When most of the species can stabilize at a high fitness the system will remain in a state of stasis. While any species would like to remain in stasis, there will always be a species with a lower fitness level. Being deficient the barrier set up for this species to go past its criticality will be small and it is likely to mutate or become extinct. This mutation of a seemingly unimportant species does not command much attention in itself, but if we remember the web that makes up the ecosystem we will quickly understand the significance. (6)

If our one species was directly connected to only two other species, the mutation/extinction would upset the immediate landscape of these two and their fitness—previously stable—would have to be reevaluated. Each of the two species has direct connections to two other species and it goes on through the network of both animal and plant species as well as the self-regulated temperature and chemicals making up the ecosystem. The almost immediate result (in terms relative to natural evolution) of this small change is a major shift in a landscape to which each other species' fitness is no longer applicable. (6)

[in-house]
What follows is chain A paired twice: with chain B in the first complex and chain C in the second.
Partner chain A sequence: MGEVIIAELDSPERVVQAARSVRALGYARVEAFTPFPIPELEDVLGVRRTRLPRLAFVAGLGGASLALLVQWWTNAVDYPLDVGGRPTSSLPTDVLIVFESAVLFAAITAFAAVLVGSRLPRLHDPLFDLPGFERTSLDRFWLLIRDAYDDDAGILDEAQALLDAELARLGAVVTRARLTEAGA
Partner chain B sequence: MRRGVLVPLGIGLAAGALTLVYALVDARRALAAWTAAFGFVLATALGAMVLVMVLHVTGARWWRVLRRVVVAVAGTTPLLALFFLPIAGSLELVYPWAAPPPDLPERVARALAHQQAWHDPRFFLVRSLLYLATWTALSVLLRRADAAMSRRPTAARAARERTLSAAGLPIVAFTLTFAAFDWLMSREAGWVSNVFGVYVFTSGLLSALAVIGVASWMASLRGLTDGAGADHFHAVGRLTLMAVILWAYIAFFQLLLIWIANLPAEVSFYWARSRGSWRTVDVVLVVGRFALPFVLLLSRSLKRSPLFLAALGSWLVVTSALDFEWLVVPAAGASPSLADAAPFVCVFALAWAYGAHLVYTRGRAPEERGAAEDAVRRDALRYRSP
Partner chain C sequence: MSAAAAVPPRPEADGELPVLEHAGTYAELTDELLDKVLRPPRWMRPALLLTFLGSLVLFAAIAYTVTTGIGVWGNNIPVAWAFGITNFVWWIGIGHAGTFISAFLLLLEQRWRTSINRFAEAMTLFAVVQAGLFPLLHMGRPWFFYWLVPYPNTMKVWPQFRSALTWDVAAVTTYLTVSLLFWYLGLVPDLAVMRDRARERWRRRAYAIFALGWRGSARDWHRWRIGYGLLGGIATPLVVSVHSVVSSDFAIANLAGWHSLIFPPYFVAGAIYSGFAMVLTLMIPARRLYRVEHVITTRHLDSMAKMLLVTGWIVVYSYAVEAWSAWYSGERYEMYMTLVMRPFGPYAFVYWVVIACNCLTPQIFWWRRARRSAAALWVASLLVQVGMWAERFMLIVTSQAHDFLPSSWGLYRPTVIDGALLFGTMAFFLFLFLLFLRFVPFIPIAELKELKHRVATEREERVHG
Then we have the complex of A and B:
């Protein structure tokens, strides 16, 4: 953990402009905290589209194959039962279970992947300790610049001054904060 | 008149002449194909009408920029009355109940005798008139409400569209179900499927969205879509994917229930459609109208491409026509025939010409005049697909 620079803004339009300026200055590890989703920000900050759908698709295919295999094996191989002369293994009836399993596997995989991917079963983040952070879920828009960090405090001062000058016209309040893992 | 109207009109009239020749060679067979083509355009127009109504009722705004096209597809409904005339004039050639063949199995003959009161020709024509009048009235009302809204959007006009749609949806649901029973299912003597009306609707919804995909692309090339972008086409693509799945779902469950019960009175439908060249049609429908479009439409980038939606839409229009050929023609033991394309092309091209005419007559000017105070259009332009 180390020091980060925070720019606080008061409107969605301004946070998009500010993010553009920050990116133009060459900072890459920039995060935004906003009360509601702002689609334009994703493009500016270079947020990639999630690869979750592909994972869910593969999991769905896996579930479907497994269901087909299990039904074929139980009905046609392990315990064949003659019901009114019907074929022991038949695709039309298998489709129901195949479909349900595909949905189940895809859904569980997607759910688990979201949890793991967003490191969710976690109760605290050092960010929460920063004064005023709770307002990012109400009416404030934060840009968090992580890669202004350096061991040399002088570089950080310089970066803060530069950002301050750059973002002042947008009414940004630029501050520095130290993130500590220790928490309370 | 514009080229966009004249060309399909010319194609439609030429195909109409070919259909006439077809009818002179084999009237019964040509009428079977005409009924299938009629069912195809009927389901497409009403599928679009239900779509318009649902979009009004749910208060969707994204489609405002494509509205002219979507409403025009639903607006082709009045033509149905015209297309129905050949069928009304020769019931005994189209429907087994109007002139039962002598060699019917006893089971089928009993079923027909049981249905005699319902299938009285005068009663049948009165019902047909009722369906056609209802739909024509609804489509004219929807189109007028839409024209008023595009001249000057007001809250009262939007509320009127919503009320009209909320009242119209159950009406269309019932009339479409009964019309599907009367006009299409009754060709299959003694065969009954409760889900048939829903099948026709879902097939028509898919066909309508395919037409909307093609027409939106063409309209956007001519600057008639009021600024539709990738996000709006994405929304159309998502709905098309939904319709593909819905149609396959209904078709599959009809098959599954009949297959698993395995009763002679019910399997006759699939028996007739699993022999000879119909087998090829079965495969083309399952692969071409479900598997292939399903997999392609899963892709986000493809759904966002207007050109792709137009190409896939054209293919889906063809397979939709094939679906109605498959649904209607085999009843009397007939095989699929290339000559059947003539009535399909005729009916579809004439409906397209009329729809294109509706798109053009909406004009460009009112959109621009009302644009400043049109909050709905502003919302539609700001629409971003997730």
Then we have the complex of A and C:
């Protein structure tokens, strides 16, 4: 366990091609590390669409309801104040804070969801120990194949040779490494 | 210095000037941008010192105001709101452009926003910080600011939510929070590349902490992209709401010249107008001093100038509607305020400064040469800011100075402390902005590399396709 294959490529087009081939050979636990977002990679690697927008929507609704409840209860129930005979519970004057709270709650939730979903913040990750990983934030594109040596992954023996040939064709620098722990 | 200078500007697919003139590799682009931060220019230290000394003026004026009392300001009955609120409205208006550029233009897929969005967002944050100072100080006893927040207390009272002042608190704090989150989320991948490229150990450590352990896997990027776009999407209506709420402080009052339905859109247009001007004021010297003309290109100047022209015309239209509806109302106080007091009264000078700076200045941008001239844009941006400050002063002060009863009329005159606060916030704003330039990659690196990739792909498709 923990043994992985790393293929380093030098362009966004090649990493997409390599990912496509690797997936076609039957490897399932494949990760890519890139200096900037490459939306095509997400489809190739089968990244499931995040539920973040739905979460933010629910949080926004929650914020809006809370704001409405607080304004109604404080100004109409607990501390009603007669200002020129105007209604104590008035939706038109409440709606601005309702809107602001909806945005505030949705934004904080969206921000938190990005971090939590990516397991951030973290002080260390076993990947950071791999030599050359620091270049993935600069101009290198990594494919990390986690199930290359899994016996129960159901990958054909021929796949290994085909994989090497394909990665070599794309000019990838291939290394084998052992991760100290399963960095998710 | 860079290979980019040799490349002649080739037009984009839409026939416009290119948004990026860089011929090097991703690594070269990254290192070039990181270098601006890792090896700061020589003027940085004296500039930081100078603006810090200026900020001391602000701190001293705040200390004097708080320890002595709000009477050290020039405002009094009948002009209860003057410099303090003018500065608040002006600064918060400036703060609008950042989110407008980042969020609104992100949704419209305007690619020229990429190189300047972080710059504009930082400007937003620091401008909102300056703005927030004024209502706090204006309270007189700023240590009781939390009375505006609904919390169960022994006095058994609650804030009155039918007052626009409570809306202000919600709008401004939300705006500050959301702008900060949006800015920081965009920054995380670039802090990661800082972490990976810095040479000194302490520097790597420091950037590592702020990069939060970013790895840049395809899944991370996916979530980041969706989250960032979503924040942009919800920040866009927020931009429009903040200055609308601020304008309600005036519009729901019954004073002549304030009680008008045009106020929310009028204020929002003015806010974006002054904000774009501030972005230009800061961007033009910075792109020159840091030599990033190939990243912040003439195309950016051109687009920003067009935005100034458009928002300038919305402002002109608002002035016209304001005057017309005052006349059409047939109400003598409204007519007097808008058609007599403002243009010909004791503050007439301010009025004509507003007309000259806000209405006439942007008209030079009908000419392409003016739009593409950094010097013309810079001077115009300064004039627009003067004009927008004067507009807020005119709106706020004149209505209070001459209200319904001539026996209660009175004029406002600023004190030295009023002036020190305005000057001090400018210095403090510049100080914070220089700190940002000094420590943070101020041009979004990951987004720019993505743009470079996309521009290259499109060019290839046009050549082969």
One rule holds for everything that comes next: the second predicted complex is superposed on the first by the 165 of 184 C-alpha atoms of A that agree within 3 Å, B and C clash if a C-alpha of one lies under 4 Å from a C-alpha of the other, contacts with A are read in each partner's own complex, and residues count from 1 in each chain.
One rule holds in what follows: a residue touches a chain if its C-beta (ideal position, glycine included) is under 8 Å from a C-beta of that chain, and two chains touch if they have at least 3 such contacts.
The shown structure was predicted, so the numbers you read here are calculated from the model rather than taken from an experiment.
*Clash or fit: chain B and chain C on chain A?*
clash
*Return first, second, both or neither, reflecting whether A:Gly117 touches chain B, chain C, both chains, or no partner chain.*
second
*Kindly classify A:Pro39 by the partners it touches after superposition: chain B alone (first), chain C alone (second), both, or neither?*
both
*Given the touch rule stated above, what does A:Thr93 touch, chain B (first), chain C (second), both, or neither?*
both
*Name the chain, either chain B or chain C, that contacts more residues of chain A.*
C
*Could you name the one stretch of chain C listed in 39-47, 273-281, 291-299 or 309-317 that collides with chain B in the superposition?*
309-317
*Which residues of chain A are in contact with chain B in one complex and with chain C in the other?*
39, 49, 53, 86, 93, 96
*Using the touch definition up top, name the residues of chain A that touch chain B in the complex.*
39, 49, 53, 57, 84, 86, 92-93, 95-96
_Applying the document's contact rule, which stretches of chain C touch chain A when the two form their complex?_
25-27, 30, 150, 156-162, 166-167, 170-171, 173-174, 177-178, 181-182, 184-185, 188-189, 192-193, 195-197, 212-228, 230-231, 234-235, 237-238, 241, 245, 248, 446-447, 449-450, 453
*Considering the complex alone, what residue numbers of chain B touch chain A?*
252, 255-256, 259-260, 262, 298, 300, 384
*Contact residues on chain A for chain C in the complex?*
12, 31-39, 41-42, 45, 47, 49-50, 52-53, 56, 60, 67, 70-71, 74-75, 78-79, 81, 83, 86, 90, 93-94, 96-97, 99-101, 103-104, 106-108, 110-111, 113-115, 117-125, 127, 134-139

The point to be taken from this model is that the resulting changes and catastrophes are a normal part of the evolution of a landscape and that these changes come from within the network and not from outside influences. The environmental pressure that "causes" the avalanche is constant. The dependent variables are the fitness of a set species and the natural forces, or barrier,* keeping it at its critical state. (6)

Making a quick jump from one complex system to another, we see that the Nervous System (NS) of an individual human being, one of the main communication networks in our bodies, is 99% internal communication and relies little on outside world input. Focusing on the NS and looking to its smallest distinguishable mechanism, we find the nerve to be a self-regulating system.(7)